Sie sind auf Seite 1von 2

Caribbean Studies

March 14th, 2012

Factors that Promote or Hinder Development Political Ideologies

This fosters fragmentation and makes countries vulnerable to external interference in domestic affairs of countries example, Grenada. It also limits the extent to which countries are able to forge a coordinating foreign policy. Despite this, the region has managed to have favourable opportunities for economic stability and investment due to its capitalist paradigm and ideologies which is intricately connected to the worlds capitalist economy. This affords the Caribbean to garner a stamp of approval from first world capitalist societies. Countries which embrace any other form of ideology ( planned economic system ) receives very little support from major capitalist countries and so find it difficult to develop for example Cuba economic blockade by the United States and Grenada which embarked on a socialists path in 1983.

Distribution of Wealth

Uneven distribution of wealth can hinder development. When concentrated in the hands of a few( ruling class) it can lead to low level of investment, high unemployment, high level of unskilled labour force and low expenditure in education. Wealth is concentrated in the hands of the elites with very little trickling down to the poor. The repercussions of this lead to antagonism between workers and managers; fosters alienation which can lead to social unrests. This can lead to corruption, poverty capital flight and brain drain which are recipes for underdevelopment. It makes the government dependent on other countries for economic sustainability which leads to high taxation and inflation. Case in point, the IMF policies to improve development in Jamaica.

Changes in Class boundaries

If within society there is no avenue for social mobility then this can lead to antagonism as people will see themselves as inferior to those who are in higher status. A rigid class structure breeds insecurity/ mistrust which hinder development. When there is a large income gap between between the different social groups, social stratification becomes entrenched and poorer groups suffer from social inequality and social exclusion. There is fewer opportunities for them to have decent jobs, credit services, relevant training, proper health care and housing. Social exclusion exacerbates the conditions of poverty, making it virtually impossible for the poor to help themselves out of poverty.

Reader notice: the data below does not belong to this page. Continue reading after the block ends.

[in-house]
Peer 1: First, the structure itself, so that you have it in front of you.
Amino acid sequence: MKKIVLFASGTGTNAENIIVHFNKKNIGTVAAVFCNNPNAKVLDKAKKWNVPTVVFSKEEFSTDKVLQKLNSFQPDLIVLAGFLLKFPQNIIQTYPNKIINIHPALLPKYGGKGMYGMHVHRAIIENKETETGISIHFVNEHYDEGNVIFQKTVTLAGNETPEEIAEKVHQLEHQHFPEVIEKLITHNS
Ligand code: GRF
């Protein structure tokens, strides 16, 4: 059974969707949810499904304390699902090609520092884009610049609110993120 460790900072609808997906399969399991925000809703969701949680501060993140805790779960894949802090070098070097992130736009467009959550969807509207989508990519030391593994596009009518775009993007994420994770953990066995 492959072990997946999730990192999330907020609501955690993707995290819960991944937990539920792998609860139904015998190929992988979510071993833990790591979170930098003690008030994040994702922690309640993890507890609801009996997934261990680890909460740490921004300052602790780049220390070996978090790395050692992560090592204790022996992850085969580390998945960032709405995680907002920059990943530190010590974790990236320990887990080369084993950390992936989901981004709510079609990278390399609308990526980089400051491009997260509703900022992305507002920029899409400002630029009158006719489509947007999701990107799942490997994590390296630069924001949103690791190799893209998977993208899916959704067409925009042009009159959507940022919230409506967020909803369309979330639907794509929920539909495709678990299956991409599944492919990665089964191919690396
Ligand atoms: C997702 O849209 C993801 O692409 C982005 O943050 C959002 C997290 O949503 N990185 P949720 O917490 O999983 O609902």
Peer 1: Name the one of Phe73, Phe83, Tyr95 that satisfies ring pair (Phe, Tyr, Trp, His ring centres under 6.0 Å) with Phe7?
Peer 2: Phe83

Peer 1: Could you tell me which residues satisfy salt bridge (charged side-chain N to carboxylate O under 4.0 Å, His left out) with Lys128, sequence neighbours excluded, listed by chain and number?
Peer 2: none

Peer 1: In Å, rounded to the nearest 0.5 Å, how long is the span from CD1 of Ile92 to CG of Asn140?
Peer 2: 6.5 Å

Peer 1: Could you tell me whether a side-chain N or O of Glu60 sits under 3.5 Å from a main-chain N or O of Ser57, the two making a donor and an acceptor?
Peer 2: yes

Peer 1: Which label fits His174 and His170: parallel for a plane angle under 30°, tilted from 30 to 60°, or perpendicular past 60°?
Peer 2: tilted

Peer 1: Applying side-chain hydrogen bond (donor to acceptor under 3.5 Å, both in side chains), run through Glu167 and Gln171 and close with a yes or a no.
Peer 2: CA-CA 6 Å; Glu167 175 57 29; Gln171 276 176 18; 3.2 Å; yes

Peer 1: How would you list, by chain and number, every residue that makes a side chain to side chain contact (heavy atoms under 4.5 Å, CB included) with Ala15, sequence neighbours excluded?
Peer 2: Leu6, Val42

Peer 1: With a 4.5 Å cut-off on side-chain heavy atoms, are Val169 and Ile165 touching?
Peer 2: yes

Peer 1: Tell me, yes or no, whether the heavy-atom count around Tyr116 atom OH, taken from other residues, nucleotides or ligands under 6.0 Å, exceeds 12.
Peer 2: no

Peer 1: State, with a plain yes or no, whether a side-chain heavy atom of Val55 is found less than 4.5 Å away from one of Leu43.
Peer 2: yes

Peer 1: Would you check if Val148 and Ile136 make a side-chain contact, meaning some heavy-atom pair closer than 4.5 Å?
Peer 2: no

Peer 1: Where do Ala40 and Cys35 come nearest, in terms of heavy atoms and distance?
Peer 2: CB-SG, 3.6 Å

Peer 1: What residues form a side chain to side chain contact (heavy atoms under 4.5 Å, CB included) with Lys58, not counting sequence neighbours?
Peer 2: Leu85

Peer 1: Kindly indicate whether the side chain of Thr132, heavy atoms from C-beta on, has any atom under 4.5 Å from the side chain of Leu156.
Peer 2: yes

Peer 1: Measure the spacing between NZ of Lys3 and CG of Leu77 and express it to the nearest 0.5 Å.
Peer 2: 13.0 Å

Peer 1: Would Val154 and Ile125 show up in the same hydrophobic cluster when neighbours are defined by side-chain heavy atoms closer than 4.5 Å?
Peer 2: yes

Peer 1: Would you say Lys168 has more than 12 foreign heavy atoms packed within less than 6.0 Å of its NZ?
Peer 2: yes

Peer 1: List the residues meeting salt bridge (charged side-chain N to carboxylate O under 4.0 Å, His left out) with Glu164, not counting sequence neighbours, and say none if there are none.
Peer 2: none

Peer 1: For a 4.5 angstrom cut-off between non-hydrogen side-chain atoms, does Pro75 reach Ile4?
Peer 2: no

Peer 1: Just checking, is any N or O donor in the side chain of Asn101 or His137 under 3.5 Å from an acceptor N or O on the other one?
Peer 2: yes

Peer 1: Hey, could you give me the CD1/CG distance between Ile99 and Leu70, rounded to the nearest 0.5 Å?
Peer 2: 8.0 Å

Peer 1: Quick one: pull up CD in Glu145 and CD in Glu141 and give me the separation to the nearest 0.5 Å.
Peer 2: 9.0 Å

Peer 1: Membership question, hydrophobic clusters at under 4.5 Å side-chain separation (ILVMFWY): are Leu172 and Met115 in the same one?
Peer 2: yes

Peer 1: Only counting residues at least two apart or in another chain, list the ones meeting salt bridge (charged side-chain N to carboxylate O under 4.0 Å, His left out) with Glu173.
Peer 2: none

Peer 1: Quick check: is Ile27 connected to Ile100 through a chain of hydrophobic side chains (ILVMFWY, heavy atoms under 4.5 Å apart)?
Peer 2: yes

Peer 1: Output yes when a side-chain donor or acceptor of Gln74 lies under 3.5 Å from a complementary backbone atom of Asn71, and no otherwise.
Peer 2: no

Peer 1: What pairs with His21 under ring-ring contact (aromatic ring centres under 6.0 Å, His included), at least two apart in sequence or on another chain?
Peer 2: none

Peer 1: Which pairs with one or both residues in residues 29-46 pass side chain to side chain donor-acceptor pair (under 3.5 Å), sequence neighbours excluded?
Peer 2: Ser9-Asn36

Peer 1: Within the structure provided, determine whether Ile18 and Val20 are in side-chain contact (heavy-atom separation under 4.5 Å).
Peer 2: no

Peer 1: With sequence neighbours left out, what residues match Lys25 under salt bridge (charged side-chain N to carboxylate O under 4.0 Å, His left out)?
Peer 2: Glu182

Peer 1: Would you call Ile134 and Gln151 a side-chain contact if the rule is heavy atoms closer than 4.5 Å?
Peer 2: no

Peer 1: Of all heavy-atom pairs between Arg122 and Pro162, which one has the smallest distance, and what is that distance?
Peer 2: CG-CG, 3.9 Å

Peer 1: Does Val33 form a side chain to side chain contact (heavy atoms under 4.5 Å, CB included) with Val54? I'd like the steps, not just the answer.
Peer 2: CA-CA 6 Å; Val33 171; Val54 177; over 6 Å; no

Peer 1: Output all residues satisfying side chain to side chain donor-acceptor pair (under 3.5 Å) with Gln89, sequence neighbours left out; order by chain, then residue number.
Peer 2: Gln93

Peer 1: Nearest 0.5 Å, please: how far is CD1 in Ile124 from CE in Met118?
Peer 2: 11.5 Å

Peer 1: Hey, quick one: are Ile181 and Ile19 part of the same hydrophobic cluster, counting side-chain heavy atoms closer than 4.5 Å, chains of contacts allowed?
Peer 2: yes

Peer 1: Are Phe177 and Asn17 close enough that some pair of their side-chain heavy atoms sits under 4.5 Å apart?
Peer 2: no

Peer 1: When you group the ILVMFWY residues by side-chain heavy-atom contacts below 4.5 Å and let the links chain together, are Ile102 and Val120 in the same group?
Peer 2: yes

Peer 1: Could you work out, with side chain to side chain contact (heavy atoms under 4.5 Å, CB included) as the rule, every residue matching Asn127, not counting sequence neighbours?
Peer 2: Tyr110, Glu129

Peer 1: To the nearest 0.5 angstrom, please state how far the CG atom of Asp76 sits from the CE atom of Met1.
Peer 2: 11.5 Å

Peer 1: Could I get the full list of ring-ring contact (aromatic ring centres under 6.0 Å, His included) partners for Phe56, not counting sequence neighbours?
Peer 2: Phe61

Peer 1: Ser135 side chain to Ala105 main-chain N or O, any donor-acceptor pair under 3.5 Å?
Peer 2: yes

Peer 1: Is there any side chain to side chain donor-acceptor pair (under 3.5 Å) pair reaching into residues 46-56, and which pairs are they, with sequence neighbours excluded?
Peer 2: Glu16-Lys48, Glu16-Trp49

Natural and Man - Made Disasters Natural disasters are one type of environmental factor that hinders development in the Caribbean, namely hurricanes and volcanic activity.

Four to five hurricanes impact the Greater and Lesser Antilles yearly as well as volcanic eruptions in Montserrat which almost destroyed the economy and society. Human welfare is also jeopardized as many face dislocation, poverty and destitution. Some Caribbean countries fail to enact legislations directed at mitigating against these disasters. The poor tend to suffer the most because they have scant resources for example, surplus cash and insurance to cover their losses. Disasters affect sustainability in that, big business interests tend to pollute the environment and poor farmers, especially on hillslopes who engage in practices that lead to soil erosion, deforestation etc. The modernization effects of large scale capital enterprises such as industrial complexes and mining operations tend to be favoured by government and development planners but in the long run affect the physical environment via pollutants. As a result of the monetary returns garnered from these big businesses, governments are slow to pass legislations to penalize such companies for any arm caused to the environment. An important aspect of development is the enactment of human values but in most cases Caribbean people value productivity (economic growth) over the protection and preservation of the environment. According to Mohammad (2007) part of the problem is the careless irrational attitudes of Caribbean government that they will be spared the wrath of a natural disaster and thus do not prepare adequately. The lackadaisical attempts to curb soil erosion and other human induced disasters are based on the values of Caribbean people who see production and economic output as being more value than the sustainability of the environment.

Impact of the Productive Sector

Employment is generated Reduce dependency on imports Distribution sector develops Increase foreign exchange Increase exports Standard of living increases.

Sources Mohammad, Jeniffer (2007). Cape Caribbean Studies: An Interdisciplinary Approach. Macmillan Publishers. Beckford, Evol. (2006). Caribbean Studies Study Notes.

Prepared by Ms. Nicola Lewis